As an institution of higher education, uOttawa will play an active role in finding ground-breaking solutions on climate change, building on its strengths in science, engineering, economics and other areas. The University already offers more than 150 undergraduate and graduate courses related to sustainability across disciplines that are preparing the “green leaders” of tomorrow.

New initiatives include the above-mentioned Clean Innovation Research Fund of up to $3 million by 2020 to support research, teaching and graduate scholarship effort. Half the funds will come from uOttawa and half from matching donations.

The University will also establish a forum to stimulate discussion on campus on how it can best boost its impact in teaching, research and public engagement to combat climate change risks.

Responsible investment

As a signatory to the United Nations-supported Principles for Responsible Investment, the University will continue to ensure its investment strategy meets the highest standards of responsible investing, so that environmental, social and governance (ESG) criteria are respected in the investment decision-making process, alongside economic factors. This approach is widely recognized as the investment industry’s gold standard.

Among the initiatives, uOttawa will create one of the largest sustainable investment funds, the Clean Innovations Fund, and transfer $10 million of its endowment fund to provide seed capital for investing in clean technologies.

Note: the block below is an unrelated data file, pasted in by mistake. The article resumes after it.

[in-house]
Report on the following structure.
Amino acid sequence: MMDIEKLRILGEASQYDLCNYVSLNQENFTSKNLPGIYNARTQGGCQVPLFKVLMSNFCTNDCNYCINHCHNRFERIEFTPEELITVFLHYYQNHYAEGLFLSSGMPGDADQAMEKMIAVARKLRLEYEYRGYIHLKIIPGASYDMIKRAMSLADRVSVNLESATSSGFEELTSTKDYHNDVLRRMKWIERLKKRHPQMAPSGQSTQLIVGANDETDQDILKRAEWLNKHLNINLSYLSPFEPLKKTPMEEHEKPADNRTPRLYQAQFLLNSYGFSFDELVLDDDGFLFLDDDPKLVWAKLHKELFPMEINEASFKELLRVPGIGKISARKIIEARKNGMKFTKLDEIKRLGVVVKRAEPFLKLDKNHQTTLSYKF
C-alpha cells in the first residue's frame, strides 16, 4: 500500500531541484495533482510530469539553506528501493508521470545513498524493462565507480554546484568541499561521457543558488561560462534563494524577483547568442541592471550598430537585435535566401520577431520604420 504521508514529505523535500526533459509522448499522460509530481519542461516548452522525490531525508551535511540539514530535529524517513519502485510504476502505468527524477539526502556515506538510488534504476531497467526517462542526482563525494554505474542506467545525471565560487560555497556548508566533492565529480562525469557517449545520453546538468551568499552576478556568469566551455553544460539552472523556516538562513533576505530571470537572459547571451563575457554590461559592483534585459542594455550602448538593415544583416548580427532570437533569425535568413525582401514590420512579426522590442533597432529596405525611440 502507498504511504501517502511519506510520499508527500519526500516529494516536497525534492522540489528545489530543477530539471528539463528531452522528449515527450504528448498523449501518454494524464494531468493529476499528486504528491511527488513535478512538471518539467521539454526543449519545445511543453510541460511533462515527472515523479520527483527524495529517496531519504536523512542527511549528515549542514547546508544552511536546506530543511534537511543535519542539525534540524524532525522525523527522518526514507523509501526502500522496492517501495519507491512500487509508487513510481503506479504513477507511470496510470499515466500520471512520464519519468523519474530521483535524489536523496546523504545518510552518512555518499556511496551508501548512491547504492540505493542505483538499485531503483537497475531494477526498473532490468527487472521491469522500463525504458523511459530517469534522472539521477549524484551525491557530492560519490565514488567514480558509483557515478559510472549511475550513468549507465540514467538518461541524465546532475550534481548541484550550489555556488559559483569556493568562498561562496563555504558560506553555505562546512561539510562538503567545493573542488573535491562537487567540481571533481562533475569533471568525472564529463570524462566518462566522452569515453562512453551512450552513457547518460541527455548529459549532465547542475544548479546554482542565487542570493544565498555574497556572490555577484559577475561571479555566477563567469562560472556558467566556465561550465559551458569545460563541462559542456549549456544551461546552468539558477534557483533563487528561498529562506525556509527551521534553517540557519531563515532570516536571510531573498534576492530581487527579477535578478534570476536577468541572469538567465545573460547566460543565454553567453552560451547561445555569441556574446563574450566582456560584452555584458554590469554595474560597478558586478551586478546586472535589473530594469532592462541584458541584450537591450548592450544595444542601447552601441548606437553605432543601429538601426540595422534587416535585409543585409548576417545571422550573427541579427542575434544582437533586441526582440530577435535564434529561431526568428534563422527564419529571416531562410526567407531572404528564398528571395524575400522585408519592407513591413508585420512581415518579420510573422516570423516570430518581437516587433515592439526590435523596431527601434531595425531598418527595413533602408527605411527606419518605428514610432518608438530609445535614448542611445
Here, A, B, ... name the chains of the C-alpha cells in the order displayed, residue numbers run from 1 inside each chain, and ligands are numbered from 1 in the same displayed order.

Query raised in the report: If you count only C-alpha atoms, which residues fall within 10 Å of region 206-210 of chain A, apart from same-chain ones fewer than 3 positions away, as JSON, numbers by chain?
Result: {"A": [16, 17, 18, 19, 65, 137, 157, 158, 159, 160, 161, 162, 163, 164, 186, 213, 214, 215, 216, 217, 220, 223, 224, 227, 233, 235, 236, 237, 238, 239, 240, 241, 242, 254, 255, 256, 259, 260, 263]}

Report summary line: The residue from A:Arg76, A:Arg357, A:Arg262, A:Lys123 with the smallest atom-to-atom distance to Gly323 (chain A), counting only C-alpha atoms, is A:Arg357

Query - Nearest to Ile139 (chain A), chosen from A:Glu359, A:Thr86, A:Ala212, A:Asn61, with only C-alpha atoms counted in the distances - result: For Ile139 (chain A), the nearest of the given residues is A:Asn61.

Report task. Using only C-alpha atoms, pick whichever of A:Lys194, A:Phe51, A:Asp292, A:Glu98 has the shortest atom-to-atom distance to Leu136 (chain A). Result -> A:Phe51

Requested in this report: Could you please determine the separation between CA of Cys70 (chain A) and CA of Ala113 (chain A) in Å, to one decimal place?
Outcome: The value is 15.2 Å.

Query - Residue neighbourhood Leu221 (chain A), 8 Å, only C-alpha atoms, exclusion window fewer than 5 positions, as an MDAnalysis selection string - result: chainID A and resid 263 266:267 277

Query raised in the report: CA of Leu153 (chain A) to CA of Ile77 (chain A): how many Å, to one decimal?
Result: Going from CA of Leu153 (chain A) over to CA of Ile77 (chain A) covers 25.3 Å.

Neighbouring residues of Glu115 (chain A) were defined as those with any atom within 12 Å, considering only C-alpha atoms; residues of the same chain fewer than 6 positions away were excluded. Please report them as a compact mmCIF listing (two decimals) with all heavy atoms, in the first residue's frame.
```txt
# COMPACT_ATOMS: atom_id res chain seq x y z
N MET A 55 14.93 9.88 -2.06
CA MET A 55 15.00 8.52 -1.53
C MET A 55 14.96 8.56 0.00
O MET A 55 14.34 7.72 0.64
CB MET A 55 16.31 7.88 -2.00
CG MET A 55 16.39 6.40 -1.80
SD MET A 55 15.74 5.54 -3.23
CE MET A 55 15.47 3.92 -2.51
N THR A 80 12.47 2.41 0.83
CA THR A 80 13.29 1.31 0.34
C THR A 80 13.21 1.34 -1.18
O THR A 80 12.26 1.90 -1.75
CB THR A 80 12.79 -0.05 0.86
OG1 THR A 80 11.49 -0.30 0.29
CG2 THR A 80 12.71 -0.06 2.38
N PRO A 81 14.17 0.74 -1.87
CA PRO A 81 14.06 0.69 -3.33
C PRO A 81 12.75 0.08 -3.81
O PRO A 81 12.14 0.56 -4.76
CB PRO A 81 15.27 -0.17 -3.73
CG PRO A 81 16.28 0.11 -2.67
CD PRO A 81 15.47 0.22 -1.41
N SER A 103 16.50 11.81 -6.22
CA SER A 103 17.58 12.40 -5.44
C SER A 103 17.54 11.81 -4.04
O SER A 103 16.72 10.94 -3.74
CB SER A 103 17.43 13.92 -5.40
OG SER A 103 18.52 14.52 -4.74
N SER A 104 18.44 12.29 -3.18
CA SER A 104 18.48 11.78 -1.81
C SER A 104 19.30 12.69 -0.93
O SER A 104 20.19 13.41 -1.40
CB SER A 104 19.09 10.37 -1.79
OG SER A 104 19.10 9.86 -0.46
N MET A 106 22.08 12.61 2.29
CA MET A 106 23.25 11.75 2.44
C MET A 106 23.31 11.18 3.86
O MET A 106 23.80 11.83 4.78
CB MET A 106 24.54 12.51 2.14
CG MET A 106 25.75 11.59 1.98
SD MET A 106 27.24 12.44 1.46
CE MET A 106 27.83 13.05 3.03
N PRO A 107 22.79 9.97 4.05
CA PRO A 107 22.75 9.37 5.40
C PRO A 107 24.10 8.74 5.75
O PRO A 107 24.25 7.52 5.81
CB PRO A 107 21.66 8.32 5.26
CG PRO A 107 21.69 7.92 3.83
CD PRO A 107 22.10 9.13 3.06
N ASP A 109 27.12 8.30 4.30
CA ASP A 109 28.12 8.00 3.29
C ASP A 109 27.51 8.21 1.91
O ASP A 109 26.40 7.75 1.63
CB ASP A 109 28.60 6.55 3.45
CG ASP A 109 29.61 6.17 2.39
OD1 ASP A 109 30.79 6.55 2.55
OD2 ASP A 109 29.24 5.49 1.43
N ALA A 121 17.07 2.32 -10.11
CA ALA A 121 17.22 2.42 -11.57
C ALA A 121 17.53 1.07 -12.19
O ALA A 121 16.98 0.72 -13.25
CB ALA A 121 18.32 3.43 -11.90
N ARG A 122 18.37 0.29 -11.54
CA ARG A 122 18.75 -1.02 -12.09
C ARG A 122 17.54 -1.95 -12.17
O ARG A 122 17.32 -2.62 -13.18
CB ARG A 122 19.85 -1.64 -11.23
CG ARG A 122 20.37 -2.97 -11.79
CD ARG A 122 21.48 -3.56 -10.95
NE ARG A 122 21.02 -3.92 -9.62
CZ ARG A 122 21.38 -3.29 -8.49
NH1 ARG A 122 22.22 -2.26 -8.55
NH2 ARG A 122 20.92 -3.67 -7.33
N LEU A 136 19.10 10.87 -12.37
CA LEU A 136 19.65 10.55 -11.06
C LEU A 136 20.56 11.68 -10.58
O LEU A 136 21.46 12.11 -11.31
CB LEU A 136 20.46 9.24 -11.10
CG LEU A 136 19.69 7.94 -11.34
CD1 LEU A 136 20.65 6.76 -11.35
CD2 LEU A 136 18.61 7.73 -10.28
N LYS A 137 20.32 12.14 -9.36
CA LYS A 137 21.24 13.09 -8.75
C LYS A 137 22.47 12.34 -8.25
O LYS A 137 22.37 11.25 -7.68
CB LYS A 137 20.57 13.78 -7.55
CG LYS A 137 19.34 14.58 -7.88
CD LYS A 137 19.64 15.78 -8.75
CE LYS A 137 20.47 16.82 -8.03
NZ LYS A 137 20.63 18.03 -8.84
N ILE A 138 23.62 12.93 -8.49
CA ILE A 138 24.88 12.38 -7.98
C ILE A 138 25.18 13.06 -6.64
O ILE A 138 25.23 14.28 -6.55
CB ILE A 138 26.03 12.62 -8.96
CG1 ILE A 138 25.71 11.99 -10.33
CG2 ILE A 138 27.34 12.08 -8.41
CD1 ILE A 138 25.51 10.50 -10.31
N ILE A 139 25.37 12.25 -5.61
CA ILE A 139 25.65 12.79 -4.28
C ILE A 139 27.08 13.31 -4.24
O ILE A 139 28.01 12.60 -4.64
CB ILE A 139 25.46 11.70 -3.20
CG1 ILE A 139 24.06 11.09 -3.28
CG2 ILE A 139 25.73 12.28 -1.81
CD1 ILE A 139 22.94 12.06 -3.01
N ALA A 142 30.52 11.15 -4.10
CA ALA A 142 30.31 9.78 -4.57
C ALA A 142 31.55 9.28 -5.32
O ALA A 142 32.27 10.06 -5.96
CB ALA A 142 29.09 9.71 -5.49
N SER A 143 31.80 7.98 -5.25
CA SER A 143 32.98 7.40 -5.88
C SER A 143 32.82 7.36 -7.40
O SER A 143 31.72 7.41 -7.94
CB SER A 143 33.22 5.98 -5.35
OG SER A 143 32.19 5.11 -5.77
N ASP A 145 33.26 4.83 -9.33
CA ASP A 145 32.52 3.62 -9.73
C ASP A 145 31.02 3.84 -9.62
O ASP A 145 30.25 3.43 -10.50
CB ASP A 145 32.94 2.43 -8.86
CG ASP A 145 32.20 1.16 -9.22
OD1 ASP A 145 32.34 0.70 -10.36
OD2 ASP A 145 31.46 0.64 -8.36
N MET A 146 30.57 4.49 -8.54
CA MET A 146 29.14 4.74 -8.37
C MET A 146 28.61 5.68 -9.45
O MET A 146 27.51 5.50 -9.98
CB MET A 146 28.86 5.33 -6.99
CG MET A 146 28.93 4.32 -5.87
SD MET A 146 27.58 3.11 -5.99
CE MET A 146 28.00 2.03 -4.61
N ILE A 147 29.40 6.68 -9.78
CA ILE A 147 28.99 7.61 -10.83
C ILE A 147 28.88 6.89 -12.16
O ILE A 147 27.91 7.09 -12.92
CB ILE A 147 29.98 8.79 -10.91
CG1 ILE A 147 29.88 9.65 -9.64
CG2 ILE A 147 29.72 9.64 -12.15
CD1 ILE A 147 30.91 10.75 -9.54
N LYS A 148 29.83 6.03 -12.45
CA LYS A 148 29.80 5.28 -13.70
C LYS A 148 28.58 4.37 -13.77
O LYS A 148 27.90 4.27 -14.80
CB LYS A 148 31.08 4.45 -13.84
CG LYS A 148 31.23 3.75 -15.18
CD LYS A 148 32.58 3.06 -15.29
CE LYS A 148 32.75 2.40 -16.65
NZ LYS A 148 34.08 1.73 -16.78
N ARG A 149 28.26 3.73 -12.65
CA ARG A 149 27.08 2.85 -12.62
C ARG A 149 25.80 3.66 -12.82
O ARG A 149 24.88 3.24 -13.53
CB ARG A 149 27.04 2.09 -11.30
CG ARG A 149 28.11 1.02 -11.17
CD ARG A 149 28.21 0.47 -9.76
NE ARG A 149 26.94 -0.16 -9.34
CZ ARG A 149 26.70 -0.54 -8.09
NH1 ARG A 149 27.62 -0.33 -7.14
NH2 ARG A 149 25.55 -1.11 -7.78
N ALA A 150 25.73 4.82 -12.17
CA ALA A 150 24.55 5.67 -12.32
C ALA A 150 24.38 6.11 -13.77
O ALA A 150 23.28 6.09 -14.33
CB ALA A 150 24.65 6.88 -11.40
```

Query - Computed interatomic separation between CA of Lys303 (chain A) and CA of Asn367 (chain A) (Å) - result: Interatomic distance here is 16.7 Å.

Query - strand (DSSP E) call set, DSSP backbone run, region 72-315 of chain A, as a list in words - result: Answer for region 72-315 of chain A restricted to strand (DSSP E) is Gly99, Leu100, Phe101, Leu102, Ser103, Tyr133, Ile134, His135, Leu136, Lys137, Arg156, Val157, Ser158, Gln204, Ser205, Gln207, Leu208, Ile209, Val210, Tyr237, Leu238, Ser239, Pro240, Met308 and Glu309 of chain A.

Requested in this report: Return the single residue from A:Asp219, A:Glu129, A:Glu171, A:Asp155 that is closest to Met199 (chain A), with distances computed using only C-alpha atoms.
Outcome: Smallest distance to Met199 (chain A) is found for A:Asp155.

In addition, the University will continue its engagement with companies that demand increased transparency and disclosure regarding climate change risks. It will also require external investment managers to report on ESG integration in their investment decisions and shareholder activities.

Proud track record on environmental issues

In November 2015, uOttawa became the first Canadian university (and second in the world) to sign the Montreal Carbon Pledge, a landmark document whose signatories agree to measure and report annually on the carbon emissions produced by their investment portfolios.

The report states that “uOttawa has earned its place as a leader among major universities in Canada and beyond through concrete actions and long-standing commitments to tackle climate change risks head-on. In our view, uOttawa can have the greatest impact in advancing climate solutions by continuing to take a ‘holistic approach.’”

This includes reducing its carbon footprint and educating the green leaders of tomorrow. The University has reduced its GHG emissions by 32% over the past decade, despite huge growth in its student numbers and physical infrastructure. On April 20, the University won the Ontario Minister’s Award for Environmental Excellence for reducing its GHG emissions by 33,100 tonnes through improving its energy efficiency. The University was also one of the first Canadian campuses to ban bottled water. It now aims to become a zero-waste campus by 2020.

Students on the steps at the front of Tabaret Hall, at dusk.

The University has reduced its own GHG emissions by 32% over the past decade, despite huge growth in its student numbers and physical infrastructure.